Ask the Mayor: Kenney discusses protests, coronavirus and election results

PHOTO: Jack Tomczuk 

Knowledge is power, and the best way to gain knowledge on the City of Philadelphia is to go right to the top. Every month, Metro will ask Mayor Jim Kenney questions pertaining to what is currently happening in the City of Brotherly Love—to get answers, give residents peace of mind and give each of us the power of being informed. This month, the column is continuing to focus on a few different subjects with questions pertaining to the current state of the city. Here is what Kenney had to say about how Philadelphia is handling the protests, recent election and coronavirus pandemic.

With ongoing protests and demonstrations, it has been challenging to regulate social distancing guidelines. What will need to happen if there is, in fact, a spike in coronavirus cases?  

Obviously, we hope a spike in cases does not occur, and that is why it is still very important to follow social distancing guidelines. Yellow is not green. The city’s plan for yellow is called “Safer at Home” intentionally—because it still is safer to be at home. 

We understand that these precautions were not always followed during the demonstrations. But we did our best to urge participants to minimize those risks. The Health Department issued guidance for demonstrators. Those who were at or near a protest—even if they wore a mask—should (among other things) monitor for symptoms and get tested for COVID-19 seven days after having been in a crowd. And this past Saturday, Health Department workers went out on the Parkway to hand out masks. Hopefully, those who participated did their best to minimize their exposure. 

What is the City of Philadelphia and the police department doing to ensure vigilantes do not threaten citizens, such as the group who recently gathered in Fishtown?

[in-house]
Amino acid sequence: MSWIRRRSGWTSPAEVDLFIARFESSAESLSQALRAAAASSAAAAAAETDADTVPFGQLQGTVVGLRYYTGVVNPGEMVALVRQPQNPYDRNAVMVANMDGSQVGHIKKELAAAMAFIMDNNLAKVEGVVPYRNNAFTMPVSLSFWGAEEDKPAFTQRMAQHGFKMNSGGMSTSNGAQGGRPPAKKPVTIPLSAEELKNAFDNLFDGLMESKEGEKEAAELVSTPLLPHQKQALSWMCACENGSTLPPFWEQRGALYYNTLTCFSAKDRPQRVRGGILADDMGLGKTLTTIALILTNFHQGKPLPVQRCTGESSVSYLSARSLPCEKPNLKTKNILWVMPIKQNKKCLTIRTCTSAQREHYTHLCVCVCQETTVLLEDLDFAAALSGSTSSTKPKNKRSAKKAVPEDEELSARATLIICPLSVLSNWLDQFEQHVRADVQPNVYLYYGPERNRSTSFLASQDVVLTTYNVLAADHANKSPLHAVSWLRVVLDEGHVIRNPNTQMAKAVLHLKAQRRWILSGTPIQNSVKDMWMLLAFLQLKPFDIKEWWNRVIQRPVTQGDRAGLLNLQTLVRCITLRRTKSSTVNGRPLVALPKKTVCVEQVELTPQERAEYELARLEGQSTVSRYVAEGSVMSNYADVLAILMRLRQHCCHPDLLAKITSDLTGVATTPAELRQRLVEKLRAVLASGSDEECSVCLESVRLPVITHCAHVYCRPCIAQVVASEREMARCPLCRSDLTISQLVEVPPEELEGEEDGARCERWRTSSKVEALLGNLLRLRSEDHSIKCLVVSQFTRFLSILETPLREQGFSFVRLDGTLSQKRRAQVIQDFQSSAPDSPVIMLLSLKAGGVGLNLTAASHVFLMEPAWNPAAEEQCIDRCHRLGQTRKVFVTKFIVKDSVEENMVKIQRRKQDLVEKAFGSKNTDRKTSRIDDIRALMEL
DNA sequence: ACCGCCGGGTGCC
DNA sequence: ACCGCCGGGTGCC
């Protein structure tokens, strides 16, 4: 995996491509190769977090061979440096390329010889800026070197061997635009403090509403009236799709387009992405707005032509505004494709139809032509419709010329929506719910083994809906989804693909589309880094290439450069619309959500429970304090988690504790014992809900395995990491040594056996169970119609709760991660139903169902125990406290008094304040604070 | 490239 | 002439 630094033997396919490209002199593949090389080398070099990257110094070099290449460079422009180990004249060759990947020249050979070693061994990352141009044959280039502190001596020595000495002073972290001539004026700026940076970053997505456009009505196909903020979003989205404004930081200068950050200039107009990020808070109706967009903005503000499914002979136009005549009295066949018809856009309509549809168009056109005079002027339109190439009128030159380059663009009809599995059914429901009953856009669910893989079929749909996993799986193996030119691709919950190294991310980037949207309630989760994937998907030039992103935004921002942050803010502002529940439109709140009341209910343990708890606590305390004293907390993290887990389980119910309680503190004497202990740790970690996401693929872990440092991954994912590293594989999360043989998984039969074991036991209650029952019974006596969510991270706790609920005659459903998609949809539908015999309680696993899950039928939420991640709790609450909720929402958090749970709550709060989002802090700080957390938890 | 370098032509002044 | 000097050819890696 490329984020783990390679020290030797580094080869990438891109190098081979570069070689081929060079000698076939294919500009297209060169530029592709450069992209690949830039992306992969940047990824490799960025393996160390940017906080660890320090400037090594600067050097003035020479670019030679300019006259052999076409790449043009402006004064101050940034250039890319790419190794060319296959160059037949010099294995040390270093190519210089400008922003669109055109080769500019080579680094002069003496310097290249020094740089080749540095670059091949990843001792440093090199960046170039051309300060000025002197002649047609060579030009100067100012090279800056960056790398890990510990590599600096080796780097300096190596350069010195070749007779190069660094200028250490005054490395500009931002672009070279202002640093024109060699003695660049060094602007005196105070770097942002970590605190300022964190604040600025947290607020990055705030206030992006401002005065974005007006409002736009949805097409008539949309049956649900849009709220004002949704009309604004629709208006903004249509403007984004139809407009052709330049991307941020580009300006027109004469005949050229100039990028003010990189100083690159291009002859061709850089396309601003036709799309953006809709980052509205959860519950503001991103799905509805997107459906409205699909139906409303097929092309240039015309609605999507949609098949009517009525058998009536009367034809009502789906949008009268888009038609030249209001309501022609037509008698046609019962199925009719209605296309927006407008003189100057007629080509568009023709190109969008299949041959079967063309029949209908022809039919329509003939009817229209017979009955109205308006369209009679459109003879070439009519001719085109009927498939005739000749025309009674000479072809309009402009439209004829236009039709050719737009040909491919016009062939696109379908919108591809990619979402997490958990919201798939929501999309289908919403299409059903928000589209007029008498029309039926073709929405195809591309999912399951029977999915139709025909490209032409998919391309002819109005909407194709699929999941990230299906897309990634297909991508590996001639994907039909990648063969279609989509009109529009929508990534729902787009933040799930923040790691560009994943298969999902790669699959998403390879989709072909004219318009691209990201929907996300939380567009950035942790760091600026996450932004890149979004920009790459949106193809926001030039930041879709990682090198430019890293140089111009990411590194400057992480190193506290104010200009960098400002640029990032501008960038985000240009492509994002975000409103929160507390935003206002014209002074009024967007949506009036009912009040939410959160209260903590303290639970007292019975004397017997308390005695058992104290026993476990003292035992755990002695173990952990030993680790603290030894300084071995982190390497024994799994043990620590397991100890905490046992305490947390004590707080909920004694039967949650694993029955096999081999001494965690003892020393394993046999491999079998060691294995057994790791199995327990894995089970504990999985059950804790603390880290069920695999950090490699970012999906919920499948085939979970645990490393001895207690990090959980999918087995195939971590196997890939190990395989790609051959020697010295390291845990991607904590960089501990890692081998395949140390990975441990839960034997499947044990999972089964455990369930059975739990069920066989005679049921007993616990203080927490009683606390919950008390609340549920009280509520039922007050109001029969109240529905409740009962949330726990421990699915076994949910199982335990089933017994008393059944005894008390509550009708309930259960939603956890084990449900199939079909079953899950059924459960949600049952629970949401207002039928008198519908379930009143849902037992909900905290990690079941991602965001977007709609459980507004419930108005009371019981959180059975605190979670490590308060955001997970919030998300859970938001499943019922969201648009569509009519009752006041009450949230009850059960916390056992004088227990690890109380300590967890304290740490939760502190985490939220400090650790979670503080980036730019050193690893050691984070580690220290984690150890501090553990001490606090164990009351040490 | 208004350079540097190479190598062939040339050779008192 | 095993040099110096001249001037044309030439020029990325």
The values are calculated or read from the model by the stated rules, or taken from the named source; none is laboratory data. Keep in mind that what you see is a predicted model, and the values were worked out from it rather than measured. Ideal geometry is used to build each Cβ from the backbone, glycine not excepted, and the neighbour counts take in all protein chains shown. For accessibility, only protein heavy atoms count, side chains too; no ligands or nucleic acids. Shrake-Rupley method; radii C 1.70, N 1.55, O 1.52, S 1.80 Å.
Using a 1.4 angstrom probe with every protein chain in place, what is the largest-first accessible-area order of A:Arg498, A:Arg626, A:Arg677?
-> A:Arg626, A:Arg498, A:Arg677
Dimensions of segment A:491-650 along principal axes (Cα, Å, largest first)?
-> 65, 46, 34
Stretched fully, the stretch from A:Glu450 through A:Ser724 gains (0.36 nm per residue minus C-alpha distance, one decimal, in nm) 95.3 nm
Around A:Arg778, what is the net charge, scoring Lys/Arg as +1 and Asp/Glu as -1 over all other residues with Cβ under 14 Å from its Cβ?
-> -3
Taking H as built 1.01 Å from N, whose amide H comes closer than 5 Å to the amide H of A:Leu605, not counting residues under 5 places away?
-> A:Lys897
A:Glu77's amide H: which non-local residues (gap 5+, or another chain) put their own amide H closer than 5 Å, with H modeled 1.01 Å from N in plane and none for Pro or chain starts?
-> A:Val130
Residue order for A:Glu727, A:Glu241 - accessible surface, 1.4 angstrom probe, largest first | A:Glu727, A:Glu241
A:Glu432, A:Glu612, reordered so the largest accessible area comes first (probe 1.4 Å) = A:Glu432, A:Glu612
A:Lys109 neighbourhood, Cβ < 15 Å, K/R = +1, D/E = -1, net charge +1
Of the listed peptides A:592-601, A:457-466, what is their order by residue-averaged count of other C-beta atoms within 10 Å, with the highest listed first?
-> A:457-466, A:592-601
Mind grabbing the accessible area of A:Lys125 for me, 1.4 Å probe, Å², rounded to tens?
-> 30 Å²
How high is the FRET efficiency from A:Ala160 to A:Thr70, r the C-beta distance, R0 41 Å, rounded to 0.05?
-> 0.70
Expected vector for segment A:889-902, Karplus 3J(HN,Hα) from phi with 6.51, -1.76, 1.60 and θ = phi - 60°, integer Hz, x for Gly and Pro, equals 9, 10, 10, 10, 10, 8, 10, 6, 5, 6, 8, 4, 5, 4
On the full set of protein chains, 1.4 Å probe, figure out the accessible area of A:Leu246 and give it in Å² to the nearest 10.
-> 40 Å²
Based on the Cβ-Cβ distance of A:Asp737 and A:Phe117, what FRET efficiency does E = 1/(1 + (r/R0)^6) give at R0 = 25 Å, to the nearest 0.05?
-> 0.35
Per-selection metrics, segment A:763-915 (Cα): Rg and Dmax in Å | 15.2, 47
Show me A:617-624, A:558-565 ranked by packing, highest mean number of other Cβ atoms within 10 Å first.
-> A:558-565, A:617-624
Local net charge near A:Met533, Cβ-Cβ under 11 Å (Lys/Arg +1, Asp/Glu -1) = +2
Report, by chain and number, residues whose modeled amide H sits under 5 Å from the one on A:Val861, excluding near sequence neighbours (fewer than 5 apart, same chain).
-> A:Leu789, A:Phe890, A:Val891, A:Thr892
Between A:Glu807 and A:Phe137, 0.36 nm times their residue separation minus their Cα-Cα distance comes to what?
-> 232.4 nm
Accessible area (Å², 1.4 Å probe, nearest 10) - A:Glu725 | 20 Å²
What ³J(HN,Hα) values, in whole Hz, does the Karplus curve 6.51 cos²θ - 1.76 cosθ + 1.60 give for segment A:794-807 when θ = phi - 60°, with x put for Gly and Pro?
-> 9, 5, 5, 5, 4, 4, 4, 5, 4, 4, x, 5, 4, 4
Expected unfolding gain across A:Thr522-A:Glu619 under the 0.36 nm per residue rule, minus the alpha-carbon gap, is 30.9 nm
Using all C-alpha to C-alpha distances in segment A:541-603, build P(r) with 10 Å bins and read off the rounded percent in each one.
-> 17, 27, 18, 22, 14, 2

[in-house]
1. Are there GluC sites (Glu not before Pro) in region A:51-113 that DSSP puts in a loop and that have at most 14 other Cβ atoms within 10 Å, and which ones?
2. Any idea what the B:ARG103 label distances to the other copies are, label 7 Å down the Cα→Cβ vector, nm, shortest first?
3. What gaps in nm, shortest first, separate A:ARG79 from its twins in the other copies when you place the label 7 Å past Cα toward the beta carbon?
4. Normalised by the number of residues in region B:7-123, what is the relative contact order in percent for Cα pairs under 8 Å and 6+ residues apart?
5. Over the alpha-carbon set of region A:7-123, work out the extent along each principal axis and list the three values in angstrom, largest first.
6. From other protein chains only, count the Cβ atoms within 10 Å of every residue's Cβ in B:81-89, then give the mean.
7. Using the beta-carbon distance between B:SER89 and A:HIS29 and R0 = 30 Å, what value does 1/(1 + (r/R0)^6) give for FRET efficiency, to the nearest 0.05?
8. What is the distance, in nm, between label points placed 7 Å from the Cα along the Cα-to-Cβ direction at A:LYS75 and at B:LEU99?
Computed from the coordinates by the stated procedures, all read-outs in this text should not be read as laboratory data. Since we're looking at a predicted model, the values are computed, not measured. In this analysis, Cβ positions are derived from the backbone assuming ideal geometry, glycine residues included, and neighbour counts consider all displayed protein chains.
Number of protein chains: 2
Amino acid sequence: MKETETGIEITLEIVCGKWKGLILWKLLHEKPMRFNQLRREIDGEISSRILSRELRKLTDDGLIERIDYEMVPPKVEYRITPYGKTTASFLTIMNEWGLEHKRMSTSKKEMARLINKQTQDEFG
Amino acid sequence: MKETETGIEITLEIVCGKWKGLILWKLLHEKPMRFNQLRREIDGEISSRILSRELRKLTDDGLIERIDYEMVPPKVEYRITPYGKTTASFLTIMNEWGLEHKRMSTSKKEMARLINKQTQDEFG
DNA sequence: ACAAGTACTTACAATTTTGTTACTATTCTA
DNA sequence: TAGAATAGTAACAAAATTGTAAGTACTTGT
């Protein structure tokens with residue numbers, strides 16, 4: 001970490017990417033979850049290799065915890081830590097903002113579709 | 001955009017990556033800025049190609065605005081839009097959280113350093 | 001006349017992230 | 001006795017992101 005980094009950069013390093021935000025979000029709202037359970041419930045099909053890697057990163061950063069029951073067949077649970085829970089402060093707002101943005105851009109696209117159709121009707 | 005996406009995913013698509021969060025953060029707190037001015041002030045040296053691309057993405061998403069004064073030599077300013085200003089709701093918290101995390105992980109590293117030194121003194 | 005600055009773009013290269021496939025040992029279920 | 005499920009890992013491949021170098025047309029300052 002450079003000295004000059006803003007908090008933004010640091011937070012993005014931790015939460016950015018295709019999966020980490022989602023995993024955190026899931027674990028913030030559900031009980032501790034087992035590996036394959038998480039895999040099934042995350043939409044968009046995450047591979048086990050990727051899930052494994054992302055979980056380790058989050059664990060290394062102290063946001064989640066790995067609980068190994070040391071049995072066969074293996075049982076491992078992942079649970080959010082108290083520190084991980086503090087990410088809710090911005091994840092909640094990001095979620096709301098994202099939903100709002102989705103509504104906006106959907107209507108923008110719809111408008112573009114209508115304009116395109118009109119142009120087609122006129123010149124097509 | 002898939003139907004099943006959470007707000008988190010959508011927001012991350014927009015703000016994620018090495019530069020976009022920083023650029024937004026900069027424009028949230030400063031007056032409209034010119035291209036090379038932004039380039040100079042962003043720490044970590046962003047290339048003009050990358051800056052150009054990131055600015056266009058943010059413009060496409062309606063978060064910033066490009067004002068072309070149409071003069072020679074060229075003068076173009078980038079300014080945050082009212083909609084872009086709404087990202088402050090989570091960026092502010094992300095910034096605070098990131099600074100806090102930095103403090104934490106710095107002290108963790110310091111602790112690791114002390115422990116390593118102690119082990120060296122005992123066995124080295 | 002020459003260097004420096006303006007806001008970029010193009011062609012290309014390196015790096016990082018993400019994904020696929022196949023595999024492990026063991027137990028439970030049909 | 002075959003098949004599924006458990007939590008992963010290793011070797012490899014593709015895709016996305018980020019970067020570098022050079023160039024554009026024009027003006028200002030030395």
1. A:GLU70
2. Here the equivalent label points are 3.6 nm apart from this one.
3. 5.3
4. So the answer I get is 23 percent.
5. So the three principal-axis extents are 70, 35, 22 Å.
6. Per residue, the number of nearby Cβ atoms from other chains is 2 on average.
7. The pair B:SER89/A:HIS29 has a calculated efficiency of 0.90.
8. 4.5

We understand a community’s desire to protect their neighborhood, and if they want to do that in peace we would allow it—regardless of neighborhood. But armed vigilantism is not tolerated. In Fishtown last week, police eventually moved in to disperse the group, but I am not happy with how long it took. We will not tolerate it moving forward. If a resident wants to stand up for their community, if they want to help our police force, we welcome that — so long as they do so in a peaceful, non-threatening, non-confrontational way.

As Philadelphia enters the Yellow Phase, do you anticipate the process of partially reopening the city to be peaceful given the current circumstances of protests and looting? Will there be support to ensure these businesses can open safely? 

As I write this, demonstrations have been large and peaceful, and we are pleased that so many who have chosen to make their voices heard in a non-violent way. At the same time, incidents of looting have decreased. I’m hopeful that businesses can safely move to the Yellow Phase, and my administration will do everything we can to support them as they do. Readers can do their part by getting out to your locally owned stores and do some shopping— with masks of course.

Although there has been discussions about delays regarding mail-in ballots, it has been reported that challenger Nikil Saval defeated Sen. Larry Farnese in the Democratic primary for Pennsylvania’s 1st Senate District. What are your thoughts on what this means for the PA State Senate? 

I want to thank Sen. Farnese for his dedication to public service and to the residents of Philadelphia, and wish him the best in his future endeavors. But life never stands still, it is always evolving, and I’m pleased to see that there is a new generation stepping into local politics. Nikil Saval is a perfect example. We congratulate him on his primary victory, and should he be successful in the fall general election, we look forward to supporting his efforts to promote Philadelphia’s interests in Harrisburg. 

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